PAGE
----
Royal Dutch Shell will join a consortium of world-leading companies comprising Air Liquide, Nouryon (formerly AkzoNobel Specialty Chemicals), Enerkem and the Port of Rotterdam as a partner in Europe’s first advanced waste-to-chemicals facility in Rotterdam, the Netherlands. Shell will become an equal equity partner in the proposed commercial-scale waste-to-chemicals (W2C) project, which will be the first of its kind in Europe to make valuable chemicals and bio-fuels out of non-recyclable waste materials.
“We are thrilled to have Shell join our group of partners,” said Marco Waas, Chairman of the waste-to-chemicals project in Rotterdam and Director RD&I at Nouryon. “The EU Renewable Energy Directive (RED II) coming into effect in 2021, as well as other environmental initiatives such as the Circular Economy Package are creating an ideal environment for leading companies to drive sustainable growth through innovation. The project will be further strengthened with the addition of another leading global partner.”
“Industry partnerships, just like this one – Andrew Murfin, General Manager, Advanced Biofuels, Shell, said – are critical to delivering some of the many solutions society will need to meet energy demand while reducing emissions to tackle climate change and air pollution. Advanced biofuels, including those produced using bio-methanol, have the potential to decarbonise the transportation sector, in particular. This is an exciting prospect given transportation accounts for one fifth of global energy-related CO2 emissions, and will continue to rely on liquid fuels, especially for long journeys and heavy-duty vehicles, for years to come.”
The consortium, which has set up a dedicated joint venture company, has already undertaken extensive preparatory work, covering detailed engineering and the permitting process. It aims to take the final investment decision (FID) later in 2019 as it pursues the development work and finalizes the selection of an engineering and procurement contractor (EPC).
The planned facility will convert up to 360,000 tons of waste into 220,000 tons (270 million litres) of bio- methanol – a chemical building block that is used to manufacture a broad range of everyday products, as well as being a renewable fuel. This represents the total annual waste of more than 700,000 households and represents a CO 2 emission savings estimated at about 300,000 tonnes when compared to the production of methanol from fossil fuels.
The project is supported by the Dutch Ministry of Economic Affairs & Climate Policy, which has agreed to develop mechanisms and regulation that will help bring this new technology to full scale to support the low-carbon transition of the Dutch economy. The waste-to-chemicals project is also supported by the City of Rotterdam, the Province of Zuid-Holland and InnovationQuarter, the regional development agency.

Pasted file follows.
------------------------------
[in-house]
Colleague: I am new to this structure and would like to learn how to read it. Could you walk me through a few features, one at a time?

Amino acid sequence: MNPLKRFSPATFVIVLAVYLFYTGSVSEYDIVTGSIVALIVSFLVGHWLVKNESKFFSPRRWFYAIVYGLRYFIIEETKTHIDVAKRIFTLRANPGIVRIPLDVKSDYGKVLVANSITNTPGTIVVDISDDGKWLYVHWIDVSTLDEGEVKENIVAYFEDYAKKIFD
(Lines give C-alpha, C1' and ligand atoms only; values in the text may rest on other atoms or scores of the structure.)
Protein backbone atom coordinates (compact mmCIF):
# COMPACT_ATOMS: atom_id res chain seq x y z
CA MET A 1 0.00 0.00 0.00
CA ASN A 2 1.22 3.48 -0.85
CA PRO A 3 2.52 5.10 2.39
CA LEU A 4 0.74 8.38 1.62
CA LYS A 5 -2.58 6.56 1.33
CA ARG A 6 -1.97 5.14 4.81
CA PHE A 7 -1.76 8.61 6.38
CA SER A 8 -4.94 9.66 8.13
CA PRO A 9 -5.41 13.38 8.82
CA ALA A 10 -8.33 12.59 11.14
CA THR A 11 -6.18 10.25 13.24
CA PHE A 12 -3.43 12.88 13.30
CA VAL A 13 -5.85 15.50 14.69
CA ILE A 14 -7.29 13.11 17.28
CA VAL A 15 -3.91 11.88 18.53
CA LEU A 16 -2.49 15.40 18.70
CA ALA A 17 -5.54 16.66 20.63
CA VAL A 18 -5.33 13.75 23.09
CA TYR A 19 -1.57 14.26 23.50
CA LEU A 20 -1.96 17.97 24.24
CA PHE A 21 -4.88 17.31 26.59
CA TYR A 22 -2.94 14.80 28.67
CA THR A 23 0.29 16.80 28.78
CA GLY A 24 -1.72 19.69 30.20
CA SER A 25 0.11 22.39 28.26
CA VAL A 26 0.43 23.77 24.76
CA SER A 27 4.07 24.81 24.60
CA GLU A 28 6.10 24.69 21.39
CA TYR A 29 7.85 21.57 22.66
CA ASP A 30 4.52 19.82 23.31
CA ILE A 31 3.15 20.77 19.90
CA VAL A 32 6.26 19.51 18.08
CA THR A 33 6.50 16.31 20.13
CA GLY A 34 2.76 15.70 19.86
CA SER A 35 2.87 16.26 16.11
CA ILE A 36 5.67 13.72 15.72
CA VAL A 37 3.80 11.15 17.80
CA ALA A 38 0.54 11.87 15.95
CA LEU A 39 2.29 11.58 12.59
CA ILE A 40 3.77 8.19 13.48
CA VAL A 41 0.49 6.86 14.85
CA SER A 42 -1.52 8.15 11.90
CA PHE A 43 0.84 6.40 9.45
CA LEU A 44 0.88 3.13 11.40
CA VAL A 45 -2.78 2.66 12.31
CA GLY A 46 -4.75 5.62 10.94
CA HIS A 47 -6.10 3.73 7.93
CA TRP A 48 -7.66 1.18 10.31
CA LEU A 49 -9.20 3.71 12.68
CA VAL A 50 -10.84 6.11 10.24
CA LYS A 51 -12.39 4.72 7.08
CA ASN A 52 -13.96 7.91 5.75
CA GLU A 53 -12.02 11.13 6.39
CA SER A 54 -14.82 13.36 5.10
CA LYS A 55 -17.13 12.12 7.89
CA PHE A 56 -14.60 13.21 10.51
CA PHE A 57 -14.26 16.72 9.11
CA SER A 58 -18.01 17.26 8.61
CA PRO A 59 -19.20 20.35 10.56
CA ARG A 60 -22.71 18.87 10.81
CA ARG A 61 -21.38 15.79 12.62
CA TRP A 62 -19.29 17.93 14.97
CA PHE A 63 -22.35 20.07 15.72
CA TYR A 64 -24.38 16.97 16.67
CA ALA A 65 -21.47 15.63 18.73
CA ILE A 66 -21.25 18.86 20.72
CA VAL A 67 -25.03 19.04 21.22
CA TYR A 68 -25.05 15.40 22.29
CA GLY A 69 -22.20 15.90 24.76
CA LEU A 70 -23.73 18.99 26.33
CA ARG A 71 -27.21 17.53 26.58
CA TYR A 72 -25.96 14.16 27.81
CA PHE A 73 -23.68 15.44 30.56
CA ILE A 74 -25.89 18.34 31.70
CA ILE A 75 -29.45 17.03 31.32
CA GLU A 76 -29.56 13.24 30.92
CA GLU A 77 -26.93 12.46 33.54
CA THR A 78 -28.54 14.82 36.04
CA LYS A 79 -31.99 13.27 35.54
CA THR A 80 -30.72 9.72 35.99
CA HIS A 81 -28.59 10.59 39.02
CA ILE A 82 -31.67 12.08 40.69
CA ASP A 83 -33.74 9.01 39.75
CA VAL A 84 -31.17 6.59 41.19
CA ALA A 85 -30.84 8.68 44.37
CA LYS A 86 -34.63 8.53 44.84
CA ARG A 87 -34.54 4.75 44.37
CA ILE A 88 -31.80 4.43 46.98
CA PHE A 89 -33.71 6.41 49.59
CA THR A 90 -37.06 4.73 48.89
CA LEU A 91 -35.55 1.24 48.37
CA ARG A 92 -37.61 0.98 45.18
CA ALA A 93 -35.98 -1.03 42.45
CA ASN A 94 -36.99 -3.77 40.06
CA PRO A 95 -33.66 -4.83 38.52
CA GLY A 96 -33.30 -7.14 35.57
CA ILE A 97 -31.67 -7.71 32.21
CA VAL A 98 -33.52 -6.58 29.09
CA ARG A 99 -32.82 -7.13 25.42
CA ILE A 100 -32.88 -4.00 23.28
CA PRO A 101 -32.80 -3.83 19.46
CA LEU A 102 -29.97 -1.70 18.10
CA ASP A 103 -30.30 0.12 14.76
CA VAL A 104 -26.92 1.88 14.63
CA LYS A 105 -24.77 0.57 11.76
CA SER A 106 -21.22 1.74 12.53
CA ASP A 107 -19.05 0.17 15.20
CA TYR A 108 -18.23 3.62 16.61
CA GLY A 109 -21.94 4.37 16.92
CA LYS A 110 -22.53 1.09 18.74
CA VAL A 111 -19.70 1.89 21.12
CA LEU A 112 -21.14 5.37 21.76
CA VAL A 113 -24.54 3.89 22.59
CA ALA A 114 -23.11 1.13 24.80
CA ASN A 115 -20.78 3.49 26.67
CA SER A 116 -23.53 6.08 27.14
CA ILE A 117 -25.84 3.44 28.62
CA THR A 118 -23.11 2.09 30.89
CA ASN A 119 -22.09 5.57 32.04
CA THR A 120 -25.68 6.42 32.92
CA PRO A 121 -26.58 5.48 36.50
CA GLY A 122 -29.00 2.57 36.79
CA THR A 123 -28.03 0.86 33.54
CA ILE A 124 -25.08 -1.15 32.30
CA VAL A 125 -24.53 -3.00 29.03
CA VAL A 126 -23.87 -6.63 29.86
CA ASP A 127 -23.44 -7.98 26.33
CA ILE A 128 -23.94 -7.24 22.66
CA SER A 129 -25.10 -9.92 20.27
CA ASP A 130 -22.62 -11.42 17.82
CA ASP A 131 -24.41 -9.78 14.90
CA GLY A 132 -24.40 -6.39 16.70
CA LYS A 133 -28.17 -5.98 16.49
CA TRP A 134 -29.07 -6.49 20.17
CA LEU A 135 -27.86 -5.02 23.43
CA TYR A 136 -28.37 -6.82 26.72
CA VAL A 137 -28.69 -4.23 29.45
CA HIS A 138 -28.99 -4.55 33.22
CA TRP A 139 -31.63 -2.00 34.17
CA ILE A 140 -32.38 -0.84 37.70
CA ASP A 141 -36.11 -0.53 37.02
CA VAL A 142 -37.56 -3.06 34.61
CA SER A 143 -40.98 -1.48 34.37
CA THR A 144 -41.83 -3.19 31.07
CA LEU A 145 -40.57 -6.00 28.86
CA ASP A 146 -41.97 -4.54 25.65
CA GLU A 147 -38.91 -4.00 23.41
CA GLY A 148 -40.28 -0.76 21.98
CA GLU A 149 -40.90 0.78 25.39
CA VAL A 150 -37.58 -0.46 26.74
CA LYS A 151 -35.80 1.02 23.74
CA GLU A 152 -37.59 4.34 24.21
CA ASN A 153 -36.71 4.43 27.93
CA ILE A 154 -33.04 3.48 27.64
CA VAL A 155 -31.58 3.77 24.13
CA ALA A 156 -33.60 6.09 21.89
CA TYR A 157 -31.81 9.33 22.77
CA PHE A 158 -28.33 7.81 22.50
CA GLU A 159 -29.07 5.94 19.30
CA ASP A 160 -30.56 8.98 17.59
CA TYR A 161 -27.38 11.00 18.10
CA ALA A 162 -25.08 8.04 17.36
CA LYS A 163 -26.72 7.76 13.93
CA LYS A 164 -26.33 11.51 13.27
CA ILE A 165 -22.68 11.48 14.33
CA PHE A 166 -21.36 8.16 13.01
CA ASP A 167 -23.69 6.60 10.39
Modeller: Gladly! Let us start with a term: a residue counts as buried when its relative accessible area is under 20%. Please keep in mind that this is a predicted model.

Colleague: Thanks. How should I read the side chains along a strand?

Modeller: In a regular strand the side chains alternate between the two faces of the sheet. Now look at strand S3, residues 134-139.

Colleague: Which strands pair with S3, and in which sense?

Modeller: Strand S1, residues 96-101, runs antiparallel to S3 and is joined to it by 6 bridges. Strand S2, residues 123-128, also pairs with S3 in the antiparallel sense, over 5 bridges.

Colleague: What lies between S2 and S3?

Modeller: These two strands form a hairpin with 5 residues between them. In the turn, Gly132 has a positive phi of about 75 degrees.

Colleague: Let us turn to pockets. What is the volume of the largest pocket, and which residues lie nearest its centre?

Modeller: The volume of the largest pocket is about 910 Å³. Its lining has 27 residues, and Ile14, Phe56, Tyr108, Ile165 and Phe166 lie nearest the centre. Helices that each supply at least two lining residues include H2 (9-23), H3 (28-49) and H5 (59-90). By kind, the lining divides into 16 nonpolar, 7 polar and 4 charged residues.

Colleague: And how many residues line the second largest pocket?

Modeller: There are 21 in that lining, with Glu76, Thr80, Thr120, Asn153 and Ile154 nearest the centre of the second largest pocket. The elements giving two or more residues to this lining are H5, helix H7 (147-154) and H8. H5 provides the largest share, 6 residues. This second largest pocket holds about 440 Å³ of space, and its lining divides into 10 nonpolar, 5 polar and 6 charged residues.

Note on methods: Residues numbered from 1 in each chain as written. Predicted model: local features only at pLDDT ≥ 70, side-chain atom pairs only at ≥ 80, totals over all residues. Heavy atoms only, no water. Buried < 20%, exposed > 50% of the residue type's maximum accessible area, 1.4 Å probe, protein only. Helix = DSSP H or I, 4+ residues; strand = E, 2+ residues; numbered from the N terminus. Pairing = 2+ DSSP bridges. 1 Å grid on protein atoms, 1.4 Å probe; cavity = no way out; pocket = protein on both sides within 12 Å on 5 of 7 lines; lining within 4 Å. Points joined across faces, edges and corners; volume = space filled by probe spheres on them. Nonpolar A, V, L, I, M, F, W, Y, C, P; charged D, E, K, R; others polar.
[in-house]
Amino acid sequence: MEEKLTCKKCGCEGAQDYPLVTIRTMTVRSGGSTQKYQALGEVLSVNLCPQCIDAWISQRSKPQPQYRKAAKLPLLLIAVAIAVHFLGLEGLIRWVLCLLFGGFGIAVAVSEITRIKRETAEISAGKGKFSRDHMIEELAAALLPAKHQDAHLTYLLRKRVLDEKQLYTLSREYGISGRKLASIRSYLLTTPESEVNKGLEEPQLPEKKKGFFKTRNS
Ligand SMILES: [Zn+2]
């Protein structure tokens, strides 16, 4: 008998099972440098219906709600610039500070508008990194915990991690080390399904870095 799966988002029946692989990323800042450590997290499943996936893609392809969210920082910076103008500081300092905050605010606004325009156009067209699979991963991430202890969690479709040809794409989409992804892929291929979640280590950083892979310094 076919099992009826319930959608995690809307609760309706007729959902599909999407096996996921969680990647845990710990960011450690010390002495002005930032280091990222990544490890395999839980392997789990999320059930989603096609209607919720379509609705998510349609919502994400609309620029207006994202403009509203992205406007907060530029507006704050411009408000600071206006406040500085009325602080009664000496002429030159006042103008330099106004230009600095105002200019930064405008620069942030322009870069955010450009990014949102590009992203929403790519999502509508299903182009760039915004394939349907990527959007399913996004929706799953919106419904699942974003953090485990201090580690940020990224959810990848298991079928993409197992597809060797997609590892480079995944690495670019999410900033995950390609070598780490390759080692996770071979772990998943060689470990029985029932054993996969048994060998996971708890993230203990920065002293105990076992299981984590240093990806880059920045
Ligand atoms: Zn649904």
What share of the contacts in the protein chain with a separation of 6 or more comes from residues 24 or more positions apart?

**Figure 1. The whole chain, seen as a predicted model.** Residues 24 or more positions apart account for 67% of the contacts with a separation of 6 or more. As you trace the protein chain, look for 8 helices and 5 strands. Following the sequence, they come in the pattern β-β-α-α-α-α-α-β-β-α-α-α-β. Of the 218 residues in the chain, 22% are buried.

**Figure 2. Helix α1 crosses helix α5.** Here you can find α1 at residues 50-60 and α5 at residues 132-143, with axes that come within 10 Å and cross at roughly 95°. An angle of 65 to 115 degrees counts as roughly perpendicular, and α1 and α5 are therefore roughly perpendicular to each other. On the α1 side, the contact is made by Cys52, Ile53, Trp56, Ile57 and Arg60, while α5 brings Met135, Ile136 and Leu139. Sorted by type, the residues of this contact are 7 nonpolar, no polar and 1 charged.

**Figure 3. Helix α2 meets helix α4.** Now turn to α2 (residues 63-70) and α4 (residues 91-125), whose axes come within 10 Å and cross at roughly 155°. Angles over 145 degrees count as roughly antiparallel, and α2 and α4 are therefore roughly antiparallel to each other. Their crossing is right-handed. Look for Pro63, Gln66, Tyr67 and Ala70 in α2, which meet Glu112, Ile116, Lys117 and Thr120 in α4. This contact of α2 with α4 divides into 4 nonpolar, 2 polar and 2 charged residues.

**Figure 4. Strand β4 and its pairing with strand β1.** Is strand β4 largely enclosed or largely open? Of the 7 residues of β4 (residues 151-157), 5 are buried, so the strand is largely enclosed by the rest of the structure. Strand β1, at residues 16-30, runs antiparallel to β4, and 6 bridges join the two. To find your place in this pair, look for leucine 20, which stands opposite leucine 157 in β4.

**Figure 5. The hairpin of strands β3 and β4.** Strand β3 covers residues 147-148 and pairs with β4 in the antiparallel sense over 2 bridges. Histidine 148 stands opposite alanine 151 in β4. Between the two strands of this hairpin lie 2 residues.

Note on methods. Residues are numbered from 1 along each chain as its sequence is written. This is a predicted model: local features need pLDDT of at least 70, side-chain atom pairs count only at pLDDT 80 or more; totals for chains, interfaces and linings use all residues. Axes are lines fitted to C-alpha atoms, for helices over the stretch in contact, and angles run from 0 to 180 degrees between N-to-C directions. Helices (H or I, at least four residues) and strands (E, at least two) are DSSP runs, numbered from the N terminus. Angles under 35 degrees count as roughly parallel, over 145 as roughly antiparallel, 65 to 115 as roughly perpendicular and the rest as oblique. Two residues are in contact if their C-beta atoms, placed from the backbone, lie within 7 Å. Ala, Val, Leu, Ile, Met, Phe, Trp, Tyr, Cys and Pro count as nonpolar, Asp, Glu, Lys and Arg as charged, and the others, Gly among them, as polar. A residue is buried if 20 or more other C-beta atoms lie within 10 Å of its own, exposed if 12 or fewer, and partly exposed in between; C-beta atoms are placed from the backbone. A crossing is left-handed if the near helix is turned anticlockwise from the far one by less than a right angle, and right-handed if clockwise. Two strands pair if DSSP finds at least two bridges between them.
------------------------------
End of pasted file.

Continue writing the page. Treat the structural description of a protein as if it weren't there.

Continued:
The facility will be built within the Botlek area of the Port of Rotterdam using Enerkem’s proprietary technology, and will convert non-recyclable mixed waste, including plastics, into syngas and then into clean methanol for use in the chemical industry and for the transportation sector. This is a departure from the reality of today, where methanol is generally produced from natural gas or coal.
The plant will have two production lines, or twice the input capacity of Enerkem’s commercial plant in Edmonton, Canada. It will benefit from the state-of-the-art infrastructure available within the Port of Rotterdam, as well as synergies with Air Liquide (large industries) for supplying the required oxygen and with Nouryon, for the hydrogen raw material. The current aim is that the facility’s sustainable methanol output will be purchased by Nouryon and Shell.
The waste-to-chemicals project in Rotterdam is an important step towards a more sustainable chemical industry and circular economy. Leveraging Canadian cleantech Enerkem disruptive proprietary technology, the commercial-scale facility will be the first of its kind in Europe to provide a sustainable solution for non-recyclable wastes, converting unrecoverable plastics and other mixed waste streams into new raw materials. The waste -to-chemicals project in Rotterdam is a prime example of how a true circular economy can be achieved by preventing the use of fossil sources for new materials, diversifying the energy mix and by making everyday products lower carbon while offering a smart, sustainable alternative to landfilling and incineration. The project can help the Netherlands realize its ambition to become virtually carbon-neutral by 2050.
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